Integrated business planning is the solution. This method uses data from both teams to build a unified supply chain plan. This ensures that both teams are working towards the same short-term and long-term goals.

      Supply Planning vs. Demand Planning: What’s the Difference?

      Demand and supply planning are two sides of the same coin. Without supply planning, demand planning has no purpose. Without demand planning, supply planners have no forecast to base their decisions on.

      That said, there are significant differences between the two. Fundamentally, demand planning is about making predictions—what will consumer demand be over the next quarter or fiscal year? Supply planning is about maintaining the right inventory level to meet those projections.

      Both types of planning have the same best practices:

      • Utilizing metrics from multiple levels—product, location, and customer
      • Balancing between past statistical data and future forecasts
      • Breaking down forecasts by country, time period, and product

      Using metrics from multiple levels can provide more information about market trends. For example, overall demand for a product may remain flat overall. But at the same time, it could increase in one geographic area and decrease in another. This information would let you know how to allocate inventory across regional warehouses.

      Similarly, past data and future forecasts are both integral to planning. Without past data, you’re not basing your estimates on anything concrete. But it makes sense to plan for future events like seasonal changes in demand or customers upgrading to new technology. 

      Artificial intelligence and machine learning are also factors in supply and demand planning. These technologies can identify patterns and trends that could fly under the radar of a human planner.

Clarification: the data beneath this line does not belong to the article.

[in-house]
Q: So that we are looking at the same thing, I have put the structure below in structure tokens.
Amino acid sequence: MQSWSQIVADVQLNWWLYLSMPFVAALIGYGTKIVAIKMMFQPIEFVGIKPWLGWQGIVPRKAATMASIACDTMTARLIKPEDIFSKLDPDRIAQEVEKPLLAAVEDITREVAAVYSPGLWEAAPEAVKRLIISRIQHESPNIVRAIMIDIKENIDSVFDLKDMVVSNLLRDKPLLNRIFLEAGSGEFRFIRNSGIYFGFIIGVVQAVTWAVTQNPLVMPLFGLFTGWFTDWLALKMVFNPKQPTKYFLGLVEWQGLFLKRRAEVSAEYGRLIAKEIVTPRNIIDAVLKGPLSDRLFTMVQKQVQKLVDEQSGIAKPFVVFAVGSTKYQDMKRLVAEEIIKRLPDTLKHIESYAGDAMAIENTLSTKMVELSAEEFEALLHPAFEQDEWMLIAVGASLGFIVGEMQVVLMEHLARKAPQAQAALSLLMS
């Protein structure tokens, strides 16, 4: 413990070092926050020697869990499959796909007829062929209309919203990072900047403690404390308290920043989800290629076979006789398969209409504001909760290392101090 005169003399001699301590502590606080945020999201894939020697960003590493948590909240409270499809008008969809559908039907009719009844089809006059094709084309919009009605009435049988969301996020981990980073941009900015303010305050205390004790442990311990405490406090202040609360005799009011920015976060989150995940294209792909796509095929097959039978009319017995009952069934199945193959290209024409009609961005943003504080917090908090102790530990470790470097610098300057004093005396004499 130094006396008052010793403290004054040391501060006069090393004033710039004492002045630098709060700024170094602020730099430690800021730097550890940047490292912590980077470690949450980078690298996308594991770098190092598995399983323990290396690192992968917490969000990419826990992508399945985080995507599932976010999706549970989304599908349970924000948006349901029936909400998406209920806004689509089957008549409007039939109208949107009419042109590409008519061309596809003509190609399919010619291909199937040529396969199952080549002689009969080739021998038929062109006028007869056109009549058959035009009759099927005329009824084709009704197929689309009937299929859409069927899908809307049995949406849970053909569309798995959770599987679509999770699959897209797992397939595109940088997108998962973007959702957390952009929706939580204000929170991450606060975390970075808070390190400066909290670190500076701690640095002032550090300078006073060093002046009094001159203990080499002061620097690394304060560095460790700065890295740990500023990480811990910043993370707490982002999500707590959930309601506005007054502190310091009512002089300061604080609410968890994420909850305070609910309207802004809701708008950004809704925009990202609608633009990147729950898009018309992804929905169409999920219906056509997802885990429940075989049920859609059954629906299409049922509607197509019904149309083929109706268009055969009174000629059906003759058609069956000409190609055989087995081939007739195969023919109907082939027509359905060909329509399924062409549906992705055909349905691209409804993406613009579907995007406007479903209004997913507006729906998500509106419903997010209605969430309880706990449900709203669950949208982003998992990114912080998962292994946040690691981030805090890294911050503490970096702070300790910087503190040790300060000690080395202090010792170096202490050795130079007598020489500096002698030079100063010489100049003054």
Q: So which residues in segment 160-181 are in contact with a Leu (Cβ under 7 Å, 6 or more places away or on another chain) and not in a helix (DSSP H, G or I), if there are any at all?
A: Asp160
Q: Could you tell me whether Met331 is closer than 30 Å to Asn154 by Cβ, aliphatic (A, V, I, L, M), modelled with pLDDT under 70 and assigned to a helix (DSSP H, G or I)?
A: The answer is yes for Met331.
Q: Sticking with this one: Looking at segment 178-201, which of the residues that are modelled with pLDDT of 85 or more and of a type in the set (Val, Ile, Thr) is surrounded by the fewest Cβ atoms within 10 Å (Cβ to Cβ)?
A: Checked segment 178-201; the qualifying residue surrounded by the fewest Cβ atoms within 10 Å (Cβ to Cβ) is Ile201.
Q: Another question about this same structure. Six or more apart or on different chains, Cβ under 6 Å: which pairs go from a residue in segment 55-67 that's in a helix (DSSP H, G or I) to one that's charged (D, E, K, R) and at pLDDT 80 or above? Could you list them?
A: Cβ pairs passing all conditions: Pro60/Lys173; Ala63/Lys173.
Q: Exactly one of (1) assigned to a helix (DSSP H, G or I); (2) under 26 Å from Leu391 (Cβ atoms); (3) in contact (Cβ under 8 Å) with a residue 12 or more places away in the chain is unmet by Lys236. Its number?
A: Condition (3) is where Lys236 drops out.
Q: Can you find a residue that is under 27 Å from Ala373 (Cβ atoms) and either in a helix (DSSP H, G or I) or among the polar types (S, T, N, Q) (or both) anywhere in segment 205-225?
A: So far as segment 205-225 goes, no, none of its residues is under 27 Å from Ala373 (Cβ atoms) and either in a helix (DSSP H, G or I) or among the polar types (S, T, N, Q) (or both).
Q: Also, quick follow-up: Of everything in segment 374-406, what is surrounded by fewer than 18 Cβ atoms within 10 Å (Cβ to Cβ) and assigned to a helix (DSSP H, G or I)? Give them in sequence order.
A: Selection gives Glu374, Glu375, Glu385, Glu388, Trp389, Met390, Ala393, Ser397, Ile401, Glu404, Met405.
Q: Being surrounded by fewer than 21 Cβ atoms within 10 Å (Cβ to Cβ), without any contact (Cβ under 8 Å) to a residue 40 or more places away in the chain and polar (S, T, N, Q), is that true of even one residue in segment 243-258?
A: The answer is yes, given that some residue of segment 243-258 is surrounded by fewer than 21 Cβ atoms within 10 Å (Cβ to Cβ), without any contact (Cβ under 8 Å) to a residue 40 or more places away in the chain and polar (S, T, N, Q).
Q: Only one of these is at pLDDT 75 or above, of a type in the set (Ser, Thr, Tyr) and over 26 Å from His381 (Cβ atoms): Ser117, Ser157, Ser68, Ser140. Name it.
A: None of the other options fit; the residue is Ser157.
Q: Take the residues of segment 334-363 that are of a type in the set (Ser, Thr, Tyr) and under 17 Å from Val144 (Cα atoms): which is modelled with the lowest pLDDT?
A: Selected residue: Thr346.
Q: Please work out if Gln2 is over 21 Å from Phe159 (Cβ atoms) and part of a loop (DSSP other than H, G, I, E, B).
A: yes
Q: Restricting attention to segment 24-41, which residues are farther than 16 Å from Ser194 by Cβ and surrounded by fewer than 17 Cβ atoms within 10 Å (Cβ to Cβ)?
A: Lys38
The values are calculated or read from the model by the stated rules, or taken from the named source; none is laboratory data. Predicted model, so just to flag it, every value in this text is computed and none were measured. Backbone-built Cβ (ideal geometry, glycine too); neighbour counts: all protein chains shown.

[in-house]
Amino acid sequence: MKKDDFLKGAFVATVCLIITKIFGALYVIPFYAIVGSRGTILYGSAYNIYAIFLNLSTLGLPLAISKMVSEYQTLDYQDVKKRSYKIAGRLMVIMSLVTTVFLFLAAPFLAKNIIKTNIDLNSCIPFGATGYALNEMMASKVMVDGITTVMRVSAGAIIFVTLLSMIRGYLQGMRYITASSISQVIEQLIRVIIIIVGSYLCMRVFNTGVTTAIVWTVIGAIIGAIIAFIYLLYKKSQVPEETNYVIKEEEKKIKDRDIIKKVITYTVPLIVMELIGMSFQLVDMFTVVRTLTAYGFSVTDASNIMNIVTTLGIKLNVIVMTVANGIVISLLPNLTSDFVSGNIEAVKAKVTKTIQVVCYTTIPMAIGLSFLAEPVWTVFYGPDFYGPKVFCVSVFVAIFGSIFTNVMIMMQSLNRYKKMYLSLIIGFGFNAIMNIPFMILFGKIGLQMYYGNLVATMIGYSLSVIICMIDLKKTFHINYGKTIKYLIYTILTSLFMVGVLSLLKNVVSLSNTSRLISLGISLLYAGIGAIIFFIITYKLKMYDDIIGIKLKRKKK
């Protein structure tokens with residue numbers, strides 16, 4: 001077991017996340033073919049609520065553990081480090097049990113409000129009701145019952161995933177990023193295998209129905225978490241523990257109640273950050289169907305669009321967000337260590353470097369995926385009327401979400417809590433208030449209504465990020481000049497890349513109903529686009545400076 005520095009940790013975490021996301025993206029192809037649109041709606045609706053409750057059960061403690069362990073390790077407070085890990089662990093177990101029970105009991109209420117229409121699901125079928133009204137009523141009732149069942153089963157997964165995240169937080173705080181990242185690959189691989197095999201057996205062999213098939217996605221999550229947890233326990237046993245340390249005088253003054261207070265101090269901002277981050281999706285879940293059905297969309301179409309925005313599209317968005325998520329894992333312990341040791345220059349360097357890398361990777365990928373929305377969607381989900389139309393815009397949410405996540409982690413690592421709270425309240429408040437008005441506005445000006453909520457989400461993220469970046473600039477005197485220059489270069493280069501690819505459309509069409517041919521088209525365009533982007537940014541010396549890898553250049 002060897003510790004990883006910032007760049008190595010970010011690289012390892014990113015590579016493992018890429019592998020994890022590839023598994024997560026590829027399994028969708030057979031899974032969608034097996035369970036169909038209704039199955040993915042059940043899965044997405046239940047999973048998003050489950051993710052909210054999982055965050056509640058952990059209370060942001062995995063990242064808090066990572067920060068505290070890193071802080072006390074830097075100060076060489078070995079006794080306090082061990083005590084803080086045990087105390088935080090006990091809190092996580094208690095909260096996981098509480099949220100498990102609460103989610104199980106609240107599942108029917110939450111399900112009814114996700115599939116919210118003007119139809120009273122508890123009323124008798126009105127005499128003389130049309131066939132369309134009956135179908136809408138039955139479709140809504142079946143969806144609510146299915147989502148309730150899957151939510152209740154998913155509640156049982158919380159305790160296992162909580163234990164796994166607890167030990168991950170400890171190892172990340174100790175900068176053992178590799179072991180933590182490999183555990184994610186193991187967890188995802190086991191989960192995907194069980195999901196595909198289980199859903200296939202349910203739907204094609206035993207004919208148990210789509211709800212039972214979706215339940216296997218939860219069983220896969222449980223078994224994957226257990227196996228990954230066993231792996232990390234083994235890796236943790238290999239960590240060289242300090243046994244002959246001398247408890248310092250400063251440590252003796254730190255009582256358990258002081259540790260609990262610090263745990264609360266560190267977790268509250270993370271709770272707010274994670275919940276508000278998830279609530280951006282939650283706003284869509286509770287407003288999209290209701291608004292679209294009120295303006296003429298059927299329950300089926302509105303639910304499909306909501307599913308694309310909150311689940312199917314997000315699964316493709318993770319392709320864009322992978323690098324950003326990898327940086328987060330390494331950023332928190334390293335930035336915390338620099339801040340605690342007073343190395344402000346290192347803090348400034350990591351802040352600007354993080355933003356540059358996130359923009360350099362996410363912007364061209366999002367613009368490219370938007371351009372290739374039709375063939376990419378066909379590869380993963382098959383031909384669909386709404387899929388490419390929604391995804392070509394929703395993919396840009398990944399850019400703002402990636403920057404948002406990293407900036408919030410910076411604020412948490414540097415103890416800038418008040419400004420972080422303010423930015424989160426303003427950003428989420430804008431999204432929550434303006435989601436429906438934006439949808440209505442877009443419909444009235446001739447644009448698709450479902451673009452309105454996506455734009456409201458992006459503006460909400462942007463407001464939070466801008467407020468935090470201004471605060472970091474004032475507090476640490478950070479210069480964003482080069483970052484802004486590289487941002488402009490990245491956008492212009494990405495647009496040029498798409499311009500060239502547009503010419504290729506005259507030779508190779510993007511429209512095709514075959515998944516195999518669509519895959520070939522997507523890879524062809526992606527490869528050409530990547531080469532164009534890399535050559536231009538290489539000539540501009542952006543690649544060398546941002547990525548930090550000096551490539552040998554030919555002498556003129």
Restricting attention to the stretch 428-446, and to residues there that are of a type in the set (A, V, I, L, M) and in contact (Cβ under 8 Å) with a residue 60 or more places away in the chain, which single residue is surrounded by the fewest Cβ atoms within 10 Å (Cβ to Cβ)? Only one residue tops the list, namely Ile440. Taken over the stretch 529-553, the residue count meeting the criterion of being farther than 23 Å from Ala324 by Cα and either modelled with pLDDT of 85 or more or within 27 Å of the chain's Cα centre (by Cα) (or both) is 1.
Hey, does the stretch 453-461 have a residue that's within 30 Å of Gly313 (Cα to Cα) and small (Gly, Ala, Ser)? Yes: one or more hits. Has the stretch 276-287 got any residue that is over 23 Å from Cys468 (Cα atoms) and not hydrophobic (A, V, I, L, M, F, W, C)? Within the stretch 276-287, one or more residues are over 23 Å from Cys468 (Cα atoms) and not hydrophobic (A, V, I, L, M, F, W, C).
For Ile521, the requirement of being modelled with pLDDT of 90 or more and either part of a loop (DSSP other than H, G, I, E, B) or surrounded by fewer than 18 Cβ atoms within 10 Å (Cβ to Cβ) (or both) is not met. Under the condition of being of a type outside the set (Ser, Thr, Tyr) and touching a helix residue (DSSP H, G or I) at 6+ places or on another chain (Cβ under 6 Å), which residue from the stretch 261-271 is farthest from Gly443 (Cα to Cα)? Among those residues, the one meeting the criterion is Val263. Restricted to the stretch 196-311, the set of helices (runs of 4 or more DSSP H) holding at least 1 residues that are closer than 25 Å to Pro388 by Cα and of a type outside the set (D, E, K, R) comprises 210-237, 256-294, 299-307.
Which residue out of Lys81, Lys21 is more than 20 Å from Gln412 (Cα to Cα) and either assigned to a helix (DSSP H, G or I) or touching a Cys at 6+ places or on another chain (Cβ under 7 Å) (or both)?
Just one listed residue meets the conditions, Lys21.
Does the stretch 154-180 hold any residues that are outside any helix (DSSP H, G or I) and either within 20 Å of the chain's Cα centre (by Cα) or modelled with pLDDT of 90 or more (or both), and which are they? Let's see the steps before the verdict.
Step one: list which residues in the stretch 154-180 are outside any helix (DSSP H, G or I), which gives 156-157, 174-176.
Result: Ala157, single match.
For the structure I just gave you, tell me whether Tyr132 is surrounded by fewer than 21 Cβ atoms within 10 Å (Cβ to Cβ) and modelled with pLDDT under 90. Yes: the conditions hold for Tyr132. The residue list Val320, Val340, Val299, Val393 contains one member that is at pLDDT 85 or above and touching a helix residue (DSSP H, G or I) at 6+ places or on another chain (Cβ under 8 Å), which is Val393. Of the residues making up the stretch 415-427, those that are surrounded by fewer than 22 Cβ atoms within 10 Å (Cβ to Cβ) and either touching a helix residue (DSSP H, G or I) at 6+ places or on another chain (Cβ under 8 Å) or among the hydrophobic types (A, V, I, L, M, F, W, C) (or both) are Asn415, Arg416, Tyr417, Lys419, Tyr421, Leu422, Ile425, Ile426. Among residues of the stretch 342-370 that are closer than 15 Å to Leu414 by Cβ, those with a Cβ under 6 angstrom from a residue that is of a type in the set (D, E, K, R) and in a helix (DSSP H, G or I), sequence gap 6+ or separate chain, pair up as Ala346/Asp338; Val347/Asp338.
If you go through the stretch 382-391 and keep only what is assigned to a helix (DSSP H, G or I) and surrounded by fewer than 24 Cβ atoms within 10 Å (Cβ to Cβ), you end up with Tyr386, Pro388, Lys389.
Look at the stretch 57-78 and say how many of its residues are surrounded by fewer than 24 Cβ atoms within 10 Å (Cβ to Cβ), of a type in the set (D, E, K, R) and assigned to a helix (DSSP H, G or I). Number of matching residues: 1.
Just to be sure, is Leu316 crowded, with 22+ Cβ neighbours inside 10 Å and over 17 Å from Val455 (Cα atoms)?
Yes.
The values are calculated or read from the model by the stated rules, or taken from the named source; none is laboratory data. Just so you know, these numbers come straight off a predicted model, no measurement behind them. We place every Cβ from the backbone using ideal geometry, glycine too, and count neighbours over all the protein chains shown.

The Bottom Line

      Supply and demand planning are both core elements of a successful logistics operation. Demand planning is vital because it allows organizations to gauge future demand and plan accordingly. 
      Supply planning is just that—the follow-up planning to meet projected needs. If you need help with your company’s financial forecasting, Lendio provides software that can help.

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      The views and opinions expressed in this blog are those of the authors and do not necessarily reflect the official policy or position of Lendio. Any content provided by our bloggers or authors are of their opinion and are not intended to malign any religion, ethnic group, club, organization, company, individual or anyone or anything. The information provided in this post is not intended to constitute business, legal, tax, or accounting advice and is provided for general informational purposes only. Readers should contact their attorney, business advisor, or tax advisor to obtain advice on any particular matter.
      About the author
      Jamie Johnson

      For the past five years, she's dedicated more than 10,000 hours of research and writing to more than 2,000 articles about personal finance topics, including building credit, mortgages, and personal and student loans.